US President Barack Obama 311 (R).
(photo credit: REUTERS)
Anyone who believes the hype over the recent survey by the Public Religion
Research Institute suggesting that Jews don’t consider Israel an important
factor in their vote hasn’t spoken to any Jews in the last three years. And
anyone who buys the spin from the survey that American Jews are showing strong
support for Obama is simply ignorant of electoral history.
what looks to be a liberal bias in the response group (44 percent identified as
liberal or very liberal) and questions (which focused on religious and social
issues rather than security and peace issues), the fact that Jews, like most
Americans, would say the economy is the most important issue in this election is
unremarkable. The more interesting question would be how many of these
Jews are assimilated, disinterested in politics, have little knowledge or
interest in Israel, because answers to these questions would probably also put
the results in a proper perspective.
Two hints that this sample is
unrepresentative and includes those less likely to consider Israel important are
the finding that 60% of those polled don’t belong to synagogues and 64% never
If you ask people who attend synagogues, who have
traveled to Israel, are members of AIPAC and other Jewish organization or are
seniors, I suspect you would be hard pressed to find someone who does not think
Israel is a very important issue. More important than the economy? Maybe not,
but the relevant question is whether it is important enough that they will vote
against someone they believe will harm Israel’s interests.
The lack of
concern the pollsters found for Israel is reflected in the apparent disinterest
of the pollsters, who asked only seven out of 43 questions about Israel and only
one that directly related to security. Still, on these questions, the
results were far more hawkish than one would expect from the liberal views found
on social issues. For example, 83% said Iran is a major problem, second only to
the concern expressed for the Israeli-Palestinian conflict (which asked no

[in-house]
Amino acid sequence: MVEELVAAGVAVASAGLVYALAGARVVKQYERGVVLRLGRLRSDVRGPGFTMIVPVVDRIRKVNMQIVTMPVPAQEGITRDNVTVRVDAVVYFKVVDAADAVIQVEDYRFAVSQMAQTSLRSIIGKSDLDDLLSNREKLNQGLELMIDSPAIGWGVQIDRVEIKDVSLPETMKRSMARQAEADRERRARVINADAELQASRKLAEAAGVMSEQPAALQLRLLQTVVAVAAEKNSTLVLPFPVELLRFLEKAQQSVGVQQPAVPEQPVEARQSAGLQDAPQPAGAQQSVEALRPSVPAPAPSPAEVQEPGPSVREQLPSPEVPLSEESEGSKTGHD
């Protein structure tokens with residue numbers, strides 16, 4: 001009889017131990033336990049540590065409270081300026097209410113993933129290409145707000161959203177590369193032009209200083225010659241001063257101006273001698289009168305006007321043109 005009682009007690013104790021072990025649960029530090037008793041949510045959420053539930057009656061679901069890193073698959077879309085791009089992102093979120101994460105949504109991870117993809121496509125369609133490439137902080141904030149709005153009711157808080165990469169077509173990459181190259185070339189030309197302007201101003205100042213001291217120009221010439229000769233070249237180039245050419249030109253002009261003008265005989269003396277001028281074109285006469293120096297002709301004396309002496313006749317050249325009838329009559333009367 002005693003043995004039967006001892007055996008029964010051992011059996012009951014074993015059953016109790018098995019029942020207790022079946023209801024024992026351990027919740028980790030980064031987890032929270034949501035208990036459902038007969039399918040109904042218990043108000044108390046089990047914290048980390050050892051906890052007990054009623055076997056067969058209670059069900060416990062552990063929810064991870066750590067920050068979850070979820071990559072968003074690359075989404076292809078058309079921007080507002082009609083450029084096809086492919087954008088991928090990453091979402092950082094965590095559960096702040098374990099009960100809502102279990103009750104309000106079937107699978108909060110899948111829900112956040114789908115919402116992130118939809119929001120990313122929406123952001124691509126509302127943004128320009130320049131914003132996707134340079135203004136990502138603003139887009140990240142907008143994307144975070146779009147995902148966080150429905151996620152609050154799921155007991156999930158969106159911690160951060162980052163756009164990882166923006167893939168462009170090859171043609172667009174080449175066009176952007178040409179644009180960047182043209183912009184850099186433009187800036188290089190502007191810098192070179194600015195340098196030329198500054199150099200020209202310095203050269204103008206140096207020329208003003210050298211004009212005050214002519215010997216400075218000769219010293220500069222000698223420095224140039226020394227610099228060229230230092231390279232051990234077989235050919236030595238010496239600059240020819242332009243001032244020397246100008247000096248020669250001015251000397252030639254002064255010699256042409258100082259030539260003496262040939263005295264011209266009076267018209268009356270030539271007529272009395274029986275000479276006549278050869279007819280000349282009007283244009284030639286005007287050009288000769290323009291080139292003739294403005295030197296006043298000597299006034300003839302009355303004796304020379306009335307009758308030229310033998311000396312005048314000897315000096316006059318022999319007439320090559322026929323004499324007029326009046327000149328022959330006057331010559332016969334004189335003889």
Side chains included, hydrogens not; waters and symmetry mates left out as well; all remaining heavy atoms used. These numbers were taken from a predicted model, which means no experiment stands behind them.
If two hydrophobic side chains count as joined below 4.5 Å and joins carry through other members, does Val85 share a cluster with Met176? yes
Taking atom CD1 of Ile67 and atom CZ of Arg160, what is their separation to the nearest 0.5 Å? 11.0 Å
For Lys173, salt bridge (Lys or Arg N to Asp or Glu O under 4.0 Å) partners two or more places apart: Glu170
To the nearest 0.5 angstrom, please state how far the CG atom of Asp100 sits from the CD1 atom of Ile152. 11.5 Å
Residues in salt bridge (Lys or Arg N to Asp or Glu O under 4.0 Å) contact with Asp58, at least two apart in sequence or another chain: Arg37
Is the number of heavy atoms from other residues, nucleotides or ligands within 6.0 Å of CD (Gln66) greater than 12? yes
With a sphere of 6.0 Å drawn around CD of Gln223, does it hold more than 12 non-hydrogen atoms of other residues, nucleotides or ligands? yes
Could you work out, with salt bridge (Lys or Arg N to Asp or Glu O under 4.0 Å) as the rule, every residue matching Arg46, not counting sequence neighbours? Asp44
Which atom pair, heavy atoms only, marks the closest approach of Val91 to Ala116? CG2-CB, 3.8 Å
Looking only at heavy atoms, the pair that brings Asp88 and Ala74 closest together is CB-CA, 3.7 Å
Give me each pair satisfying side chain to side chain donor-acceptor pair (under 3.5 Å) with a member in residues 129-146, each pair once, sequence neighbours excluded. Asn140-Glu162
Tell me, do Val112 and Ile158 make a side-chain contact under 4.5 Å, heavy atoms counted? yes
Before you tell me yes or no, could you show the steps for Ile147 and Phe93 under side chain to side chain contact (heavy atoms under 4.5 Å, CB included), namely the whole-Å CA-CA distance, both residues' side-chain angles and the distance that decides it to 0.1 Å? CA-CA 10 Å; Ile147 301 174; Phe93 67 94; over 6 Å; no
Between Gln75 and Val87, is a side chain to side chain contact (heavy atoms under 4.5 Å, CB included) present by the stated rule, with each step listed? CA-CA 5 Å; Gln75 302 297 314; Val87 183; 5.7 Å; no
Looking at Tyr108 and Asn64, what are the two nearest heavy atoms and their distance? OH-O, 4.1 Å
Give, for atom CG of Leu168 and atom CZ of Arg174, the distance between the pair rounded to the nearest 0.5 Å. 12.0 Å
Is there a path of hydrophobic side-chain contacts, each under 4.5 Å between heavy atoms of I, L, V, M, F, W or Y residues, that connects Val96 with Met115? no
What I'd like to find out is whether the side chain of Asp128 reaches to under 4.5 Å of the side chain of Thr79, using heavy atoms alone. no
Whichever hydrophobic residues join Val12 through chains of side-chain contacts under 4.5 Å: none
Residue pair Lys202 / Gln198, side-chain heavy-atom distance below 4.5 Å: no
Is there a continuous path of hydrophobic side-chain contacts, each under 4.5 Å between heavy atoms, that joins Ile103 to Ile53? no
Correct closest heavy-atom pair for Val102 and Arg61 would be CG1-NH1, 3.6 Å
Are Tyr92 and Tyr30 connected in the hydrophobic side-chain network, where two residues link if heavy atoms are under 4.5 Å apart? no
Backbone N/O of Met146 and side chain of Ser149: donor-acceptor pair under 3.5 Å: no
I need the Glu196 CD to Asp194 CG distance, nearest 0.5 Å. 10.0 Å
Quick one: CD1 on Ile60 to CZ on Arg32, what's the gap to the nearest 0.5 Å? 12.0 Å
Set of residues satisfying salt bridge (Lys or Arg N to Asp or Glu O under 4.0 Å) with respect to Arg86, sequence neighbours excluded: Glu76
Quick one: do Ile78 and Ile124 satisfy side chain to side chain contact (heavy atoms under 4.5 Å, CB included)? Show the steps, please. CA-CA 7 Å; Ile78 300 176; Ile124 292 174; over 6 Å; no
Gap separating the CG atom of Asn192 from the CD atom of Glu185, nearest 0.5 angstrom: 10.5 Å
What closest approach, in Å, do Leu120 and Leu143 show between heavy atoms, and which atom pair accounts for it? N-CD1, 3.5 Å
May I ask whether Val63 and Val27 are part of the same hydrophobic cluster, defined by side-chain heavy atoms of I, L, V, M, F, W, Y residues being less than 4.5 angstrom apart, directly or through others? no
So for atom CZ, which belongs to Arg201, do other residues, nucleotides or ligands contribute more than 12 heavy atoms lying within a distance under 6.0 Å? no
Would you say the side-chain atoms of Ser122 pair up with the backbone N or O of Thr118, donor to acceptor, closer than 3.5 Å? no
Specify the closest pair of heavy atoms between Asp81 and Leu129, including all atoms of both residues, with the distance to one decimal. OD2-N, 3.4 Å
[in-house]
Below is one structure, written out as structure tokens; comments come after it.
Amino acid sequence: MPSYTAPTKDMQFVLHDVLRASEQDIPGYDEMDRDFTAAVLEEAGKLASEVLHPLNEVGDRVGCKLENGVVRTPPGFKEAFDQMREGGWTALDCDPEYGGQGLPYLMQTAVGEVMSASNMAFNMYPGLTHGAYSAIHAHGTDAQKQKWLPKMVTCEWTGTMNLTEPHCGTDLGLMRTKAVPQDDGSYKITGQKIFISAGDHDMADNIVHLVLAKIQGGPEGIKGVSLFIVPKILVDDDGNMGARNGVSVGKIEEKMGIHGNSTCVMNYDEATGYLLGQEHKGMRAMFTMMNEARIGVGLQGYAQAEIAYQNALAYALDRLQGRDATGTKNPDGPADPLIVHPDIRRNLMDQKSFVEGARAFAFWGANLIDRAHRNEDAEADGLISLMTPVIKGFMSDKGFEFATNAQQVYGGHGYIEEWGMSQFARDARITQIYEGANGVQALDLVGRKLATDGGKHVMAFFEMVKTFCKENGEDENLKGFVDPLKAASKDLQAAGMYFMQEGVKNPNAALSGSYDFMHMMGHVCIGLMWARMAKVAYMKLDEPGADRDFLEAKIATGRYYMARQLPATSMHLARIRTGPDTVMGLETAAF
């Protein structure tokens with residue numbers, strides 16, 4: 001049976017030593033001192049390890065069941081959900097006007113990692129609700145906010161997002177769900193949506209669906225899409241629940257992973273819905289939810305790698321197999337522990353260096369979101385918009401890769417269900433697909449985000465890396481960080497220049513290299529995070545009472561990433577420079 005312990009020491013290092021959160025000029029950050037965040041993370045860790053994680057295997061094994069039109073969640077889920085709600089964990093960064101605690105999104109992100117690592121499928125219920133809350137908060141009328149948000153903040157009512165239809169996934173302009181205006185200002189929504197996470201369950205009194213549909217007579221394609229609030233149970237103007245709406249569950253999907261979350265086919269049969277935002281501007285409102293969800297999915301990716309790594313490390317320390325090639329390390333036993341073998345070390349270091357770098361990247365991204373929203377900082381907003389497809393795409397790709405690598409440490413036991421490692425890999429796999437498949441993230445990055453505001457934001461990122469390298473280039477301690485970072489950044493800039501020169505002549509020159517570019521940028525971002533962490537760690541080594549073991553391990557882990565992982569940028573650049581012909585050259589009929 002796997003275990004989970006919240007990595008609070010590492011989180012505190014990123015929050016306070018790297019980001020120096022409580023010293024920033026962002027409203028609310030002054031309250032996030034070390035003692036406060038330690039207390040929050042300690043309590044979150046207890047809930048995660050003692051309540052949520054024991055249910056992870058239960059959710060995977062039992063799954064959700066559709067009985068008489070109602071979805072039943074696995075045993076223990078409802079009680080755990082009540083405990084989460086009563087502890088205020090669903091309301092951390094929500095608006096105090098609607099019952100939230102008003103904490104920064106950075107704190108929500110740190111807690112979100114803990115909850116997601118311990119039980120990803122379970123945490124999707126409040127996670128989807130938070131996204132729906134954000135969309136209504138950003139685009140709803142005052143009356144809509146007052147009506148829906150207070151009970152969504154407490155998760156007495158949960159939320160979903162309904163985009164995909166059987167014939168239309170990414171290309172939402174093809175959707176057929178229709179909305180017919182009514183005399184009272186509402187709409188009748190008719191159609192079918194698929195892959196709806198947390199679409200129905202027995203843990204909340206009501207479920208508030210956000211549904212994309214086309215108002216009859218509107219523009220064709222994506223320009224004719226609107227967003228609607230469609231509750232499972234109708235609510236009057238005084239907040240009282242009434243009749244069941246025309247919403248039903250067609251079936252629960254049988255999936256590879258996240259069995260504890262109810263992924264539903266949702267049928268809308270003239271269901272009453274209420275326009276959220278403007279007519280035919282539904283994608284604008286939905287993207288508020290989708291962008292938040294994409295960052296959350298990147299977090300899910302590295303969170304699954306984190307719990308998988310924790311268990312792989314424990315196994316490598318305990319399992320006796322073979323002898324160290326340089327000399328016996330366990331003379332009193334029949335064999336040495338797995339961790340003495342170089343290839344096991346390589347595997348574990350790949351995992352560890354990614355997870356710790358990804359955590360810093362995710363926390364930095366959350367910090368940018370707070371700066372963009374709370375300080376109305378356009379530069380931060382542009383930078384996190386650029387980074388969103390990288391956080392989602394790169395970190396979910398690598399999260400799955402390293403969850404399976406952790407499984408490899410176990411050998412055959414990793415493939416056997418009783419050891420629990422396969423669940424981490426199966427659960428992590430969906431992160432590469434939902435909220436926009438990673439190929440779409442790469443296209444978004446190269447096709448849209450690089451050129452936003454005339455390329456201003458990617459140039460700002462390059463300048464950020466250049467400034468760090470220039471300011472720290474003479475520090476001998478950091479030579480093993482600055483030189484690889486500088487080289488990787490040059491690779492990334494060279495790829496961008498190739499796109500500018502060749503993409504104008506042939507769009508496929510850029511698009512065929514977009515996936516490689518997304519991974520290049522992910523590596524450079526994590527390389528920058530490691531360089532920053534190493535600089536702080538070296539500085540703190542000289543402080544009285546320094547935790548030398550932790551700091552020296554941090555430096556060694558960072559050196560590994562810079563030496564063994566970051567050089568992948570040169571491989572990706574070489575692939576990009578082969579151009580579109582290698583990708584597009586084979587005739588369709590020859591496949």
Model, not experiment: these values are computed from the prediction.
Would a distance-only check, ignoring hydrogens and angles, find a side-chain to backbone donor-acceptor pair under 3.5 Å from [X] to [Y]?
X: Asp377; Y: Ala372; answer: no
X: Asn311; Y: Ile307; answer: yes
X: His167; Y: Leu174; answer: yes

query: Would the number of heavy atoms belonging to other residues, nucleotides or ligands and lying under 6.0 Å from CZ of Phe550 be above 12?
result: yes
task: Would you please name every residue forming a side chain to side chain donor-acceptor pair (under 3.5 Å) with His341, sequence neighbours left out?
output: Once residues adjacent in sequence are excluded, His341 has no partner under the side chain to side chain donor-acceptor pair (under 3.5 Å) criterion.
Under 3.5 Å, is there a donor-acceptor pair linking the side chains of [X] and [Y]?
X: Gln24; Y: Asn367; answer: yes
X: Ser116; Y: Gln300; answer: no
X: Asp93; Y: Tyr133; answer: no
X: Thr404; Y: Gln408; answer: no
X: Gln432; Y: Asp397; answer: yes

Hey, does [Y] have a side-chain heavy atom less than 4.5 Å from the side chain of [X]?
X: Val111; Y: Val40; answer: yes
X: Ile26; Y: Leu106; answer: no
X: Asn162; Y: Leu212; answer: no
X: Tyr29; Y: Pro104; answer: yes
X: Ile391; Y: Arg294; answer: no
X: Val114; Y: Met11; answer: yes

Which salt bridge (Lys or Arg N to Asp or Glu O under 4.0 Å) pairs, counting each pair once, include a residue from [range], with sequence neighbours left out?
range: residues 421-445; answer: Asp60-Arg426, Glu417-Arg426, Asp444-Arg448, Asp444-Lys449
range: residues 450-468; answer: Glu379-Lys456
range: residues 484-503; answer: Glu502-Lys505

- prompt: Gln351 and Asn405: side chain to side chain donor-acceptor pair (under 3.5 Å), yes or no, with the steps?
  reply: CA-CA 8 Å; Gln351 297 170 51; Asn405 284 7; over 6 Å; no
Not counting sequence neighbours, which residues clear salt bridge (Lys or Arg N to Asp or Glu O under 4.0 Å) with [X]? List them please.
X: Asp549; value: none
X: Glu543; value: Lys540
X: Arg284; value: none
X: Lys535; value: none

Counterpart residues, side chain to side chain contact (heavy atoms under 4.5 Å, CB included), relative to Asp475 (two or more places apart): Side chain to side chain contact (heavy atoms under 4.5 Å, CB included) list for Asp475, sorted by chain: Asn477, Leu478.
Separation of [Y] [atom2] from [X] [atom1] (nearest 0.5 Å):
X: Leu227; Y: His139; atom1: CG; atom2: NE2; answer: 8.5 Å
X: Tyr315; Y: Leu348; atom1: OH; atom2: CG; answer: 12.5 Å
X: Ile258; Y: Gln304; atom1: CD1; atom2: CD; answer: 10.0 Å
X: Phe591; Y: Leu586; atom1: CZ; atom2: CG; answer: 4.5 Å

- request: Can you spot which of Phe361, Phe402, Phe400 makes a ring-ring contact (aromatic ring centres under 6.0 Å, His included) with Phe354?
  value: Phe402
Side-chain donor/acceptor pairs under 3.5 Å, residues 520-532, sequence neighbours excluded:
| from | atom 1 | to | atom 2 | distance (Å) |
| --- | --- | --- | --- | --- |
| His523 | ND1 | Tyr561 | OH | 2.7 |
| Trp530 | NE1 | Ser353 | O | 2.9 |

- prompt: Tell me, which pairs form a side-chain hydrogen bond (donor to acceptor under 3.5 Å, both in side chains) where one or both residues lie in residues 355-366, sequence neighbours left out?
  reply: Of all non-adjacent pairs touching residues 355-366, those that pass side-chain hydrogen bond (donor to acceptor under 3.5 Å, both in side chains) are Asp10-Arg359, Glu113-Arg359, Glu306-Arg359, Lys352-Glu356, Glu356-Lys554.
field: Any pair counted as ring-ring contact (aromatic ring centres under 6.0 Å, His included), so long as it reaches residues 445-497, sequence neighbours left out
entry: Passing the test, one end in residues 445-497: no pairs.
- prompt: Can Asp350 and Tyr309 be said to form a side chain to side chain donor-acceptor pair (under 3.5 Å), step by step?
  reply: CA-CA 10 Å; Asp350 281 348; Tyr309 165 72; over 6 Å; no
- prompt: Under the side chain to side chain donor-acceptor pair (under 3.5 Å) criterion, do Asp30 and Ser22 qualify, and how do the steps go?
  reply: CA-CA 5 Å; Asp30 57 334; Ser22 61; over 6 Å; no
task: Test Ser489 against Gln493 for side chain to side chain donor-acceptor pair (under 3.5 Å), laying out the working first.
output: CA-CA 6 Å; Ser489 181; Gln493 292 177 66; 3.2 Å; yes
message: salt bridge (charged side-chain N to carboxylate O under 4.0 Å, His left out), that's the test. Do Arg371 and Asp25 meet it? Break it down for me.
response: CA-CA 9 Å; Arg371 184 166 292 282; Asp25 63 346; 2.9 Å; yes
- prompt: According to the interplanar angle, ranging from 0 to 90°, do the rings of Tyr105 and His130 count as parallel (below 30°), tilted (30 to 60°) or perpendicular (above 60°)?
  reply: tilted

follow-ups as to the reasons for its perpetuation, such as terrorism, incitement
and the Palestinian refusal to enter negotiations). Furthermore, 59% said
the US should take military action against Iran if sanctions fail. Only 53%
supported a Palestinian state, 42% opposed.
Speaking around the country
and reading what Jews are writing about in the mainstream and social media, it
is quite evident the election is very much on their minds and the questions
people ask are not about Obamacare or the deficit, it’s about aid to Israel,
Iran and whether Obama can be trusted to protect Israel.
believe that Obama and his rivals would go to the AIPAC conference and spend a
disproportionate amount of time talking about Israel if they did not believe it
was an issue that shaped Jews’ votes? They read polls every day and if they
believed Jews didn’t care about Israel, you can be sure that Obama would have
spent his time defending his record on the economy at AIPAC rather than his
policy toward Israel.
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It was also no revelation to hear the poll found
that 62% of Jews would vote for Obama. This is an improvement from the 54% in
the Gallup Poll in September 2011, which may reflect that Jews feel better about
his new approach to Israel, they believe the economy is improving or they’re
simply disenchanted with their other choices. Nevertheless, 62% is potentially
disastrous for Obama in a close election. Remember, he got 78% of the
Jewish vote in 2008; 16 points is a precipitous decline.
Even the most
delusional Republican does not expect any of their candidates to win a majority
of the Jewish vote. But in a close election it could make a difference if the
Republican gets more than 30% as Reagan and Bush Sr. did in their
victories. Remember also that Bush’s Jewish vote dropped to 11% because
of his anti-Israel policies and was trounced by Clinton in 1992.
survey spinners also failed to consider historical perspective. Obama’s current
support is the lowest percentage for any Democrat since Jimmy Carter. The
average Jewish vote for a Democrat is 71%, so his support is significantly below
average. In fact, the last two Democrats to receive less than 70% of the
Jewish vote – Dukakis and Mondale – both lost.The writer is a foreign
policy analyst. His latest books are
The Arab Lobby: The Invisible Alliance That
Undermines America’s Interests in the Middle East and
Israel Matters: Understand
the Past – Look to the Future.
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